Today I did not go to Mass although it is the first Sunday of Lent. I didn’t feel like it. All those people. Instead, I let my wife sleep and sat downstairs with the dogs, one of which slept under a towel I put on him to keep him warm. I happily failed in my usual 16-hour fast by having 80 calories of a mini-Milky Way with my first cup of coffee. Instead of spending time with the scriptural readings for the day I read a book of poetry with phrases like:
“Then you can lift the sadness from what I’ve touched.” and
“I held the slight weight of absence in my palm before I scattered it under the wild dogwood, then brushed ash from my fingertips. The trees were blooming lavishly that year.” and
“Each day I wake, unsurprised at your absence. It is the gray sweater, soft as a rabbit, I pull on against the chill.”
Poetry is another type of scripture, connecting my grief quietly to others. Mine is not a loud, wailing grief, but one of noticing the absence of a little hand holding mine or forgetting that only the dogs will greet me with enthusiasm when I arrive home after work.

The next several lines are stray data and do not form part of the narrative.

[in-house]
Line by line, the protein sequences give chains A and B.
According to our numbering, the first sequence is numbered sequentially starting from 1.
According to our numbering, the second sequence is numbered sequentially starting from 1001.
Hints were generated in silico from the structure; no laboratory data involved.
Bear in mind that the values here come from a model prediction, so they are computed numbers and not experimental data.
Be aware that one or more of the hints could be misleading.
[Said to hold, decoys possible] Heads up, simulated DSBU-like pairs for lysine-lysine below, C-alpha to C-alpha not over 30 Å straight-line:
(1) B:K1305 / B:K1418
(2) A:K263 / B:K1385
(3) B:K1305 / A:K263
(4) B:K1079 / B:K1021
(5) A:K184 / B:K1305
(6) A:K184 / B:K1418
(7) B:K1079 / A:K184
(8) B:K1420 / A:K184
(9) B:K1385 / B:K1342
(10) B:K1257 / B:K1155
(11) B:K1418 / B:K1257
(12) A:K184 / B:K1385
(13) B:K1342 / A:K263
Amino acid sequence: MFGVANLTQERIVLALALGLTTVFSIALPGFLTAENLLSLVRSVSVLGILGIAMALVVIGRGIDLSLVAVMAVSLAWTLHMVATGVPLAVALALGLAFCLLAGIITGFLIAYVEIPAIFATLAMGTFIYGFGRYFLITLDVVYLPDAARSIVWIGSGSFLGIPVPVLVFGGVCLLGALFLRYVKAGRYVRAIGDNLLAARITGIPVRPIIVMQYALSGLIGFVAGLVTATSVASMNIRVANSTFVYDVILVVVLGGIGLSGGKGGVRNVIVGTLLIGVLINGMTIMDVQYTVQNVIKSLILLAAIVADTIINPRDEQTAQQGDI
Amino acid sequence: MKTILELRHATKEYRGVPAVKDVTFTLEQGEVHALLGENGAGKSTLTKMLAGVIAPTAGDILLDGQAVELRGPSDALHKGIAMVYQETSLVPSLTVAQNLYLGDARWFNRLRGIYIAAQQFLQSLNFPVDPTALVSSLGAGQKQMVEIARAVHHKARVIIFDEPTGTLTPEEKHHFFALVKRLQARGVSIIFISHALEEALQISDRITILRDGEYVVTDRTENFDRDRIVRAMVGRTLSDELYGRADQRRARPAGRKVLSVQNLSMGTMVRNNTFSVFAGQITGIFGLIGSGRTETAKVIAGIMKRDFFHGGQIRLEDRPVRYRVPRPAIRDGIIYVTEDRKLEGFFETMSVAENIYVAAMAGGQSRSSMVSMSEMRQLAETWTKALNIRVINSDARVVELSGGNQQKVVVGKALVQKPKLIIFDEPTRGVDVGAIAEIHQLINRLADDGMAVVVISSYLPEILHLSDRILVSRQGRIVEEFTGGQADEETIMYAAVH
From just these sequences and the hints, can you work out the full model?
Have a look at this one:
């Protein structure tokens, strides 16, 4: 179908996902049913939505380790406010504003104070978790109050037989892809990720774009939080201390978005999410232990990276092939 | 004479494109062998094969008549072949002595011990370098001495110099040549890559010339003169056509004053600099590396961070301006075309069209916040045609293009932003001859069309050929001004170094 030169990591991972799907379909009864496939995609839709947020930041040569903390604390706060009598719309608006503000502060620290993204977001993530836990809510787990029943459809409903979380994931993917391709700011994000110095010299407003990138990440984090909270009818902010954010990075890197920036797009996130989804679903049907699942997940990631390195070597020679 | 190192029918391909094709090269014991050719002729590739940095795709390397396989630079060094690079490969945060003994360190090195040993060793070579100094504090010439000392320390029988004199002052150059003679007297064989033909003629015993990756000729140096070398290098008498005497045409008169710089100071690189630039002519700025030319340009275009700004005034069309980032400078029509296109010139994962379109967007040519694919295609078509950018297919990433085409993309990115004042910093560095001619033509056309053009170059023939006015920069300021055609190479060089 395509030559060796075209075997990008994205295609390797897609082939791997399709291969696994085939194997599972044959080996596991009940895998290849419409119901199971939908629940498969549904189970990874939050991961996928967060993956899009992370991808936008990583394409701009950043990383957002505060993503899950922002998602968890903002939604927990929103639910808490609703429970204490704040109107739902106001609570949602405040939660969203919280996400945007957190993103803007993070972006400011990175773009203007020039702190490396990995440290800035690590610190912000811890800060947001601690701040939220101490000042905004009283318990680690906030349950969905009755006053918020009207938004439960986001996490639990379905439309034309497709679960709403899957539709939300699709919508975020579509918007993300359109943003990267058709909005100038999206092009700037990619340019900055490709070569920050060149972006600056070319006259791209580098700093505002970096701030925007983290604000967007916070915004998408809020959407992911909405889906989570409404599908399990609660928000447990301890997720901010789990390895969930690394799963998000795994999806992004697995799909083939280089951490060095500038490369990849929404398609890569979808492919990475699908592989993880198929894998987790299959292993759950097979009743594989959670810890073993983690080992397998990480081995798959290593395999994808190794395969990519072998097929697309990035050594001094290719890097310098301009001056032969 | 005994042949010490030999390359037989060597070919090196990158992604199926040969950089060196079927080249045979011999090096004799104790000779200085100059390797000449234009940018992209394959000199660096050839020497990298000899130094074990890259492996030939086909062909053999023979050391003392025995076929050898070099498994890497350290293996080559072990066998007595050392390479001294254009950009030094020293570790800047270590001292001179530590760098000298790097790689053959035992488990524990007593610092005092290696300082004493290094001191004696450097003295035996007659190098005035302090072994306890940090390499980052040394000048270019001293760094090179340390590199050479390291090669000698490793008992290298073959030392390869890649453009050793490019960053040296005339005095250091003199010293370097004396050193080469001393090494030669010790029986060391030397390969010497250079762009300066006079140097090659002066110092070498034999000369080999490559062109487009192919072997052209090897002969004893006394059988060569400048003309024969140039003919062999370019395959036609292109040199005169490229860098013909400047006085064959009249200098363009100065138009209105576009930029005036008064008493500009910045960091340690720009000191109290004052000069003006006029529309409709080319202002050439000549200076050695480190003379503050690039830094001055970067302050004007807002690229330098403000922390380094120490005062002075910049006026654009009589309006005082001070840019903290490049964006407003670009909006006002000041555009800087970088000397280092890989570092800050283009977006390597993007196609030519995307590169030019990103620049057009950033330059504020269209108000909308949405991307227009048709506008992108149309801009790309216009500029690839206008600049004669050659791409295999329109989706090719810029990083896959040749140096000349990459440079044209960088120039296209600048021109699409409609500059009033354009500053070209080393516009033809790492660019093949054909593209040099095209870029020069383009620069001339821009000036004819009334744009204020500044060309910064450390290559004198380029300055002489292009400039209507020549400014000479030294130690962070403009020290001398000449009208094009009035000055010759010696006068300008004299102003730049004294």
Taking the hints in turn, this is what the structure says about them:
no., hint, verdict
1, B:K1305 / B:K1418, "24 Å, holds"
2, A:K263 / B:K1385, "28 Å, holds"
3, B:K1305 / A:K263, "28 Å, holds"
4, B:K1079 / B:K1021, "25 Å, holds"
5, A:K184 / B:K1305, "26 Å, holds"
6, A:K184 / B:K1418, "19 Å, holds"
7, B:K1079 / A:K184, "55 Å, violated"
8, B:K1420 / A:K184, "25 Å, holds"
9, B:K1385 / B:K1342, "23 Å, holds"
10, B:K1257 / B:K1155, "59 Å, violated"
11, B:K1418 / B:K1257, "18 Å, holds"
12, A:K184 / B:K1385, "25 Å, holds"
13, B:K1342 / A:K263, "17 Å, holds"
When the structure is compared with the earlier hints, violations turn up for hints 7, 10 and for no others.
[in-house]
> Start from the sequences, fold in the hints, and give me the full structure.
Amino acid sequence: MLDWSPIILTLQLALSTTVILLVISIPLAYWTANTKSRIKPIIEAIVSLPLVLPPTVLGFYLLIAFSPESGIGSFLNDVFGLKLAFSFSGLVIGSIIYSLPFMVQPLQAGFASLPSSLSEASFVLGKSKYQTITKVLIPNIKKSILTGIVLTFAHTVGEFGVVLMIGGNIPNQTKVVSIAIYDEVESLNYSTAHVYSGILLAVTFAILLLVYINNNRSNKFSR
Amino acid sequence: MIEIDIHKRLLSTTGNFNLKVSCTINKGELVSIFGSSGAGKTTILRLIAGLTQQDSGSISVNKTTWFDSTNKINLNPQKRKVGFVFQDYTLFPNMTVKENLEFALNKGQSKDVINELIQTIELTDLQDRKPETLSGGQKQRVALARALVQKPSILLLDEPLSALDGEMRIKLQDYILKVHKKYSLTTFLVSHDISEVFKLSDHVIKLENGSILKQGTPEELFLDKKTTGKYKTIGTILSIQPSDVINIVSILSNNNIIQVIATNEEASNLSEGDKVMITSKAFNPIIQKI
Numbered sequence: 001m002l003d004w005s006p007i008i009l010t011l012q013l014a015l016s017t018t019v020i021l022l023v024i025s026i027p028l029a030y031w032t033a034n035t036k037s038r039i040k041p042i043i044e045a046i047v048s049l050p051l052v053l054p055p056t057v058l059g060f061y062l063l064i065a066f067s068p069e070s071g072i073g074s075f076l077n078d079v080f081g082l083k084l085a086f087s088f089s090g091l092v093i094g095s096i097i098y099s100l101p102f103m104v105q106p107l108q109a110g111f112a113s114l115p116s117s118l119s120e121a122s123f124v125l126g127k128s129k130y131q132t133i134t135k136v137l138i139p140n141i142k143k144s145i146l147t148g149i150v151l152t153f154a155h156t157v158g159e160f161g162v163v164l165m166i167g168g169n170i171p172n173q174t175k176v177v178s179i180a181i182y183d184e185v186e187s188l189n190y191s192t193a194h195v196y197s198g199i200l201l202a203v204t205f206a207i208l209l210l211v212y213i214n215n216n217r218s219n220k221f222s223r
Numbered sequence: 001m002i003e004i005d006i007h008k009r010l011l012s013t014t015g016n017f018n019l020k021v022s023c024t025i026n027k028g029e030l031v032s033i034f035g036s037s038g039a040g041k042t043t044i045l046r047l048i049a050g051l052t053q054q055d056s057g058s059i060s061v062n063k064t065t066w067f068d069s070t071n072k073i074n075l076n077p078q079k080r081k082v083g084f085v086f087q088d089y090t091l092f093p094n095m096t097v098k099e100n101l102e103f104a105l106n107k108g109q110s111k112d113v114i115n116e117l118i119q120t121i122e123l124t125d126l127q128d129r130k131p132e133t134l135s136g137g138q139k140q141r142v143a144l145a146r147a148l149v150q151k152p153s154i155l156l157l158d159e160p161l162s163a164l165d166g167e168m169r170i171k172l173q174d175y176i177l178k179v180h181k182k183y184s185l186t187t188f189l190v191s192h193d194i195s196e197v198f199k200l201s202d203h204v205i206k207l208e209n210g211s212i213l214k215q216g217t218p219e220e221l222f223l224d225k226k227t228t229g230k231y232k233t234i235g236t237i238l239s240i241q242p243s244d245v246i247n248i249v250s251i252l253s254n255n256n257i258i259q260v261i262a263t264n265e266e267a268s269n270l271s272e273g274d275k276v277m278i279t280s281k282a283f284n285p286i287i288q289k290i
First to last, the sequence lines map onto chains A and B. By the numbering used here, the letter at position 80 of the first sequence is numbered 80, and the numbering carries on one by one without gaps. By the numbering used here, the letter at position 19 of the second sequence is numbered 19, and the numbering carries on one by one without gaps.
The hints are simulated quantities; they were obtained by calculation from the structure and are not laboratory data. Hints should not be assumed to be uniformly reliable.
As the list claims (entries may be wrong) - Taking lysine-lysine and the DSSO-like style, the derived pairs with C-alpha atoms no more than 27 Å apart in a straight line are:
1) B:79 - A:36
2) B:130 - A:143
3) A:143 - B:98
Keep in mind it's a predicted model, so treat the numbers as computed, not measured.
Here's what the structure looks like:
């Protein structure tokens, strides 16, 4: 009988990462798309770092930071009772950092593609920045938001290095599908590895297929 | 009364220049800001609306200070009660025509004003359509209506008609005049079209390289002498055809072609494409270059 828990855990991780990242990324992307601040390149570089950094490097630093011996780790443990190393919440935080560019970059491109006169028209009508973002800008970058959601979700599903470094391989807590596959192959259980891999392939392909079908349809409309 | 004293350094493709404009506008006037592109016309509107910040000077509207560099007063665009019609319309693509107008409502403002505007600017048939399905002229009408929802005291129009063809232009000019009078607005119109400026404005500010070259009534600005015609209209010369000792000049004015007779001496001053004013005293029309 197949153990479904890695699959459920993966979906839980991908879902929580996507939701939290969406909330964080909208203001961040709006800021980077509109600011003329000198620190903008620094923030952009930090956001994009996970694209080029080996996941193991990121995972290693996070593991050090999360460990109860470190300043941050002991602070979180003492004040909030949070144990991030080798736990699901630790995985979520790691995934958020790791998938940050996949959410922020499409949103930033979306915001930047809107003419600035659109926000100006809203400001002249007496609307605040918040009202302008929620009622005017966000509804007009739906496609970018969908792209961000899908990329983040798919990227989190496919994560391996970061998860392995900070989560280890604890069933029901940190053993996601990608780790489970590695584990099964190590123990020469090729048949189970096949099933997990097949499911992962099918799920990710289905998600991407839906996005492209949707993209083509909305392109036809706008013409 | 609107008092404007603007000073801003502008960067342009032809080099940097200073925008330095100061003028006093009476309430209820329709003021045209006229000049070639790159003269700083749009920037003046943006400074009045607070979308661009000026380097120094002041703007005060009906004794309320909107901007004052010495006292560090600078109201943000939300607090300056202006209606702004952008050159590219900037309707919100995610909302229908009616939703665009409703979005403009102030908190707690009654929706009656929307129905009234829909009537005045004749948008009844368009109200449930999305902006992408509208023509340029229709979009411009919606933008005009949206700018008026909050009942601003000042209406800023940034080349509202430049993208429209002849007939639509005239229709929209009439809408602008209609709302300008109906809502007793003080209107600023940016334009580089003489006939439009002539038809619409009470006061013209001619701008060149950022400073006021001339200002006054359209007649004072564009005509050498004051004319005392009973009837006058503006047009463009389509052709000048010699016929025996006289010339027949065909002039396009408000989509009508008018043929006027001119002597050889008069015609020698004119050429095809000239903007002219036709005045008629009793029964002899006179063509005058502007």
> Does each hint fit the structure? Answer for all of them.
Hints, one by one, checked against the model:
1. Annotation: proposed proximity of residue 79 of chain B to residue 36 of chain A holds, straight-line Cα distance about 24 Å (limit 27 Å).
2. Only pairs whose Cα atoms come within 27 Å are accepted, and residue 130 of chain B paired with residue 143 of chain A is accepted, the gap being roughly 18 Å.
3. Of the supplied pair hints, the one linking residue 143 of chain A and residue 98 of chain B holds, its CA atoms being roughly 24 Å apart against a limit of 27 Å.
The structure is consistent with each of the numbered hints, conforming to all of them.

Later this morning I’ll shower and take my medicine, clear up the room across the hall from where my little one once slept, and take the dogs for a walk or two with my wife. And the poem that heads up this blog will go through my head like a favorite bible verse: “Your absence has gone through me/Like thread through a needle./Everything I do is stitched with its color.”
Note: The first three poetry quotes are from Kathleen McGookey’s “Instructions for My Imposter” which I’ll review soon on my book blog. All her work is worth reading. The final poem noted is “Separation” by W.S. Merwin.